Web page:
Egg Nutrition Facts Labels
Egg Nutrition Facts Labels
Most doctors recommend adding eggs to their diet because eggs are rich in nutrients. These contain nutritious ingredients such as lutein and zeezanthhen in addition to vitamin A, D, B and B12. These elements are very beneficial for the eyes.
British dentist Dr. Frankie Phillips says that "one or two eggs can be eaten in one day."
They say that there is no fear of eating too much eggs. But it should be kept in mind that if any food is eaten too much then we will not get the nutrients of those other mines which we can not eat.
Dieticians often insist on taking balance diets.
"Eggs are a good source of protein, but we should also keep in mind that we take enough protein in the food before and can have a bad effect on two or three times more protein kidneys."
When there was evidence of cholesterol in the eggs, the British Heart Foundation advised to eat three eggs a week in 2007.
According to the recent advice of the National Health Service, "Although there is some cholesterol in the eggs, but its amount is less than cholesterol coming from saturated fat in our blood."
In other words, egg cholesterol is not a big problem. Rather, cholesterol made from saturated fat is a big problem.
According to Heart UK, an egg contains about 4.6 grams ie one teaspoon fat. But only one quarter of it is saturated. That is to say, because of the egg, our body's cholesterol level is not affected much.
Yes, if the butter or cream is added to that egg, then the matter becomes something else.
Former UK health minister Edwina Kurie said in December 1988 that most of the eggs produced in Britain are salmonella bacteria.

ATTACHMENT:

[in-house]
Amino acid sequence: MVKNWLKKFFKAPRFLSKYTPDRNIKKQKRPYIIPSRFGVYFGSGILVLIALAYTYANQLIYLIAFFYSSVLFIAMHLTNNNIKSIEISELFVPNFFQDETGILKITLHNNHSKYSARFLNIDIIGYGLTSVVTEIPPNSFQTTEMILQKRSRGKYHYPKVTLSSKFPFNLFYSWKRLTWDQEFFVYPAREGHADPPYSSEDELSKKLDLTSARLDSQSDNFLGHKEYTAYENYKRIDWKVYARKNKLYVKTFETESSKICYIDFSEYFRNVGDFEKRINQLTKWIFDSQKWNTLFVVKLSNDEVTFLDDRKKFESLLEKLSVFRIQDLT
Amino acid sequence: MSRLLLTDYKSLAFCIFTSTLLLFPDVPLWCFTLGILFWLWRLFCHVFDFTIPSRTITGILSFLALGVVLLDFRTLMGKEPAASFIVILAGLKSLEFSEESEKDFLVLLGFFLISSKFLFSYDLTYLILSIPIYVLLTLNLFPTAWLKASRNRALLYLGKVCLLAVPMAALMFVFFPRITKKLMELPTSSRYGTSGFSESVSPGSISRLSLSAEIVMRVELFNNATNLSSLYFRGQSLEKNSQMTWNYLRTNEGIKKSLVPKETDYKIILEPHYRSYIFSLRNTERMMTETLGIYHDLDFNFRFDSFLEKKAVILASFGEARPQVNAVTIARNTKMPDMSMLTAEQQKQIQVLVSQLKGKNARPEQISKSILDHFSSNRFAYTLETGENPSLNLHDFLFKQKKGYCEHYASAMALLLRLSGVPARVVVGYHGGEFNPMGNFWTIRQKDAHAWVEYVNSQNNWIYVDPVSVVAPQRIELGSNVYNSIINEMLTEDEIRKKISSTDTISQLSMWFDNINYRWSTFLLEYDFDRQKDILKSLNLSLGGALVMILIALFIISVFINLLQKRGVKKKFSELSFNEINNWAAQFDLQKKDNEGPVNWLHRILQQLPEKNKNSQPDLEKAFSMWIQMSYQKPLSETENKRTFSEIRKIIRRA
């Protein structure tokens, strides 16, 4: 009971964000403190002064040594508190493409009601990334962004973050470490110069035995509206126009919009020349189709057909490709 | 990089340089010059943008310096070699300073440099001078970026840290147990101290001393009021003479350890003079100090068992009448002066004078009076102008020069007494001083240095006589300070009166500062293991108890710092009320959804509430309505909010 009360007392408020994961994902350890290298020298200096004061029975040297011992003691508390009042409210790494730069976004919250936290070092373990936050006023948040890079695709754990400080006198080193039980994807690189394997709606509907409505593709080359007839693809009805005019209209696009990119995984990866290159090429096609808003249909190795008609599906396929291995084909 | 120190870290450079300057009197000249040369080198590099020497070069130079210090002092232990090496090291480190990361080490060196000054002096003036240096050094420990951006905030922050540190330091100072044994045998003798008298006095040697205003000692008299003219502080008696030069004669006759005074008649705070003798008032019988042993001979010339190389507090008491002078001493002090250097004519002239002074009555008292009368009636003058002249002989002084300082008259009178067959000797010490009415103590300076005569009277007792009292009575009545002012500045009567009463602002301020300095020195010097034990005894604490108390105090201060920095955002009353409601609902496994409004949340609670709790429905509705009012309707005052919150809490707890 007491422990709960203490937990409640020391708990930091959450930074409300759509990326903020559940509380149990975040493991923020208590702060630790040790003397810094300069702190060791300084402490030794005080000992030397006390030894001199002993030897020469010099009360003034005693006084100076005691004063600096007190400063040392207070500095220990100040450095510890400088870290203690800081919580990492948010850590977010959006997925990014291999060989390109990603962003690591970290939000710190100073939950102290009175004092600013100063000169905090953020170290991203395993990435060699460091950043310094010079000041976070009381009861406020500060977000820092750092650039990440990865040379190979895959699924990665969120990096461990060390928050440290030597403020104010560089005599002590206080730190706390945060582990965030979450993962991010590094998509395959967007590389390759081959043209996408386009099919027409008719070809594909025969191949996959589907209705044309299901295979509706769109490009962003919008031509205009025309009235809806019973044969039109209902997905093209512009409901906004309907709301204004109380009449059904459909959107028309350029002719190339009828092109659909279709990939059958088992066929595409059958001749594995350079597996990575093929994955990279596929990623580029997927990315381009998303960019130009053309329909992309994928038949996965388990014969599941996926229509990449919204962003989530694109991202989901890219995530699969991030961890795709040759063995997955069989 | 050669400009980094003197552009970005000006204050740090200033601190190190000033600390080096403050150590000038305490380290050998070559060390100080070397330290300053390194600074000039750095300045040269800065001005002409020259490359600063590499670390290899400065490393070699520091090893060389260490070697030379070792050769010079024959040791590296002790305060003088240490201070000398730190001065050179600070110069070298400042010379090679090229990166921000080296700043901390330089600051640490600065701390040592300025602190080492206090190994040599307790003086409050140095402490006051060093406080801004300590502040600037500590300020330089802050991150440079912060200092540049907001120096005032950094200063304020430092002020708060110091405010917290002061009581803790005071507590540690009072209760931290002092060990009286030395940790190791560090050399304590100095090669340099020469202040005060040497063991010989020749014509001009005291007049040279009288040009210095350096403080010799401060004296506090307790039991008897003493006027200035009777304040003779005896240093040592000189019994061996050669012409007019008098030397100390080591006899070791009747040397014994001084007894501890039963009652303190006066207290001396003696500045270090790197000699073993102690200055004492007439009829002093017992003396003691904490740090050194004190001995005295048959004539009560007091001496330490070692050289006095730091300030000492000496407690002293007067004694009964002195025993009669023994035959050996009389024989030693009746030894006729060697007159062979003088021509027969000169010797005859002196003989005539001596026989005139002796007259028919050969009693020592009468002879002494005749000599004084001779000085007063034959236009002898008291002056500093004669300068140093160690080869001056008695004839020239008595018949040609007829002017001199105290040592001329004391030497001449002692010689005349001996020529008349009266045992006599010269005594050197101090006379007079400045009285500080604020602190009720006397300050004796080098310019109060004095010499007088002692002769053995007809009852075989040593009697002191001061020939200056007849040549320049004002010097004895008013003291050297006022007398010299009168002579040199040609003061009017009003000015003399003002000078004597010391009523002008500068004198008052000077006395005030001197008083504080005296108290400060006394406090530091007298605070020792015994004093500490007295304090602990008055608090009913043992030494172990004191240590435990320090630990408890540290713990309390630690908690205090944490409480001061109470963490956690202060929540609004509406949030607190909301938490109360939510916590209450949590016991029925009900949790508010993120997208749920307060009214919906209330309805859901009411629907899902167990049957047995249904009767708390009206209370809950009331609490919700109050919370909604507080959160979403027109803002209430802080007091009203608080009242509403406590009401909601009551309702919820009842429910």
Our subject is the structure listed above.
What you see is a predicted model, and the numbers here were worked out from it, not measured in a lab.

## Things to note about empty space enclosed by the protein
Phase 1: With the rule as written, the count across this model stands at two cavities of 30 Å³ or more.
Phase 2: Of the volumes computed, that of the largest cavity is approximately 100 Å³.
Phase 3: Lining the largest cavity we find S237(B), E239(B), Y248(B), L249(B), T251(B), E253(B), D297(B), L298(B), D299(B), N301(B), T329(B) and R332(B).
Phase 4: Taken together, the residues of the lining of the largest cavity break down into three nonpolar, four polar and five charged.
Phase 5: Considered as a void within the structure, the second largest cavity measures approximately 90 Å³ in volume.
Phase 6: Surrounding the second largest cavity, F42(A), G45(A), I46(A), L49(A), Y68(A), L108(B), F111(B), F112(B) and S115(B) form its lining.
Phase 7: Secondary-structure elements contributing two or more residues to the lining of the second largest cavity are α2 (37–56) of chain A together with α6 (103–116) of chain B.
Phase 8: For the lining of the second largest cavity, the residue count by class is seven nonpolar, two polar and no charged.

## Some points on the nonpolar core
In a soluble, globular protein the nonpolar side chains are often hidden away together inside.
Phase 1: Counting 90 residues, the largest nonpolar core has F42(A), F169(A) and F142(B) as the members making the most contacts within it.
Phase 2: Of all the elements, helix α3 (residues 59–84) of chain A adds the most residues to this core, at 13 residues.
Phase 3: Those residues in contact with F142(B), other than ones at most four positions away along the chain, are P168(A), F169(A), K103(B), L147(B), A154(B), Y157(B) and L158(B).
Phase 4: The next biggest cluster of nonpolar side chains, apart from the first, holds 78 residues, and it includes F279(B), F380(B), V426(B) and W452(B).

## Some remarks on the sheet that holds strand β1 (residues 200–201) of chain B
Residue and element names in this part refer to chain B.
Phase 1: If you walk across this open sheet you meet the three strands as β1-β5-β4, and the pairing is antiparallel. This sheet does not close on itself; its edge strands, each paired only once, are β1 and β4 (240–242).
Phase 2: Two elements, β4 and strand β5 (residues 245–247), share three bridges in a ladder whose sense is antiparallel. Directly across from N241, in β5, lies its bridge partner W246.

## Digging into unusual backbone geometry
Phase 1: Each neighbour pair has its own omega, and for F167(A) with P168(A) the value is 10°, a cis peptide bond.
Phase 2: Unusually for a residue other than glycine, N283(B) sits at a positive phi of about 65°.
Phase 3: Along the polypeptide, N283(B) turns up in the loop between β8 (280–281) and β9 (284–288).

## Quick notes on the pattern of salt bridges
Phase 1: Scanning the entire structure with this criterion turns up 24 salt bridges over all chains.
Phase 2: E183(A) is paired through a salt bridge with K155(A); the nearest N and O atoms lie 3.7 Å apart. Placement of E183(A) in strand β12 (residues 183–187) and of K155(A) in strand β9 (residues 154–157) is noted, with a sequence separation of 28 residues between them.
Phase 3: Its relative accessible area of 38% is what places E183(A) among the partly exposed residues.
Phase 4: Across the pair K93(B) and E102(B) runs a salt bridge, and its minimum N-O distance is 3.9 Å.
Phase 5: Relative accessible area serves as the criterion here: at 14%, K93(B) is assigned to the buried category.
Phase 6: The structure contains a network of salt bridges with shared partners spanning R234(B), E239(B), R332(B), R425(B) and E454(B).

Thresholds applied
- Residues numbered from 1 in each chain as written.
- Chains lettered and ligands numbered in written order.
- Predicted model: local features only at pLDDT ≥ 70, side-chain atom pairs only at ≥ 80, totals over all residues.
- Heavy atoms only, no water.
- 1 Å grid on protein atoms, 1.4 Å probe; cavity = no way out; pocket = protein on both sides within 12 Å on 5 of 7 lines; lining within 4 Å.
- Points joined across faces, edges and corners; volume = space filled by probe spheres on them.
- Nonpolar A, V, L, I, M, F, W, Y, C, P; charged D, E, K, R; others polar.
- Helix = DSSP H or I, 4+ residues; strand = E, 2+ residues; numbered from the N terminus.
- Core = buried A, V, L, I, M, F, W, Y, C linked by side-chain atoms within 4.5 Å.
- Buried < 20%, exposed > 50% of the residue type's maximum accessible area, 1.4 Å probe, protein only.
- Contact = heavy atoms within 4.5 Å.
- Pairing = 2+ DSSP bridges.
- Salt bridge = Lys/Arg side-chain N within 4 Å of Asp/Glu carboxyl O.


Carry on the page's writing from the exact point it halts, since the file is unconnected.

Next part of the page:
This bacteria is said to be dangerous for health. That's why his statement had stirred up in Britain.
After which Edwin had to resign from his post.
However, there was definitely some problem of Salmonella in the egg. By 1990 the egg producers had started a validation program.
Now thirty years later, Britain's eggs are the safest in the world - at least in the case of Solmonella.
Most of the eggs found in the market now have a lion mark, which indicates that the chicken that gave the egg was given injection to avoid the Solmonella.
Last year alone, the Lion Marked eggs were declared safe for pregnant women and children.
Experts say that now the risk of dangerous bacteria in eggs is very low. "So do not worry."
How to cook eggs?
As far as cooking of eggs is concerned, it should be made in a very simple manner or should be eaten in boiled form.
Most dieticians recommend that eggs should not be fry, because such fat and cholesterol intake increases.
Crude and lightly cooked eggs, such as mayonnaise and ice cream, are inserted, they are correct. Because in the UK there is a lion mark on them and it is also quite sure that the eggs are of chicken only.
If you still have fear of food poisoning then you can cook it completely by eating eggs.
How to store eggs?
Never buy broken or cracked eggs. Because in this they are at risk of going to clay or bacteria.
BBC Good Food recommends that eggs should be covered in the fridge.
The white part of the eggs can be stored in a box and stored in the fridge for up to three weeks, while its yellow part can be kept for three days.
Both should be covered with clinging film. Both can be frozen and kept for two months.
Many people will know the trick to check whether the egg is fresh or not. Take a bowl of cold water. Put the egg in it If the egg is immersed then it is fresh. If not, then it is less fresh.
They are right for 28 days from the day of poultry eggs.
At the same time, it is important to be clean where the eggs are being made.
Many people are also allergic to eggs. Children under the age of five are more likely to complain.
Some symptoms of allergies to eggs:
Redness and swelling around the mouth
But it is rarely that these reports prove to be fatal. But always should consult a doctor if allergic.
Finally, Dr. Phillips says, "There is no such an allergy. They can eat eggs in any form, but it is important to keep in mind how the egg is being made."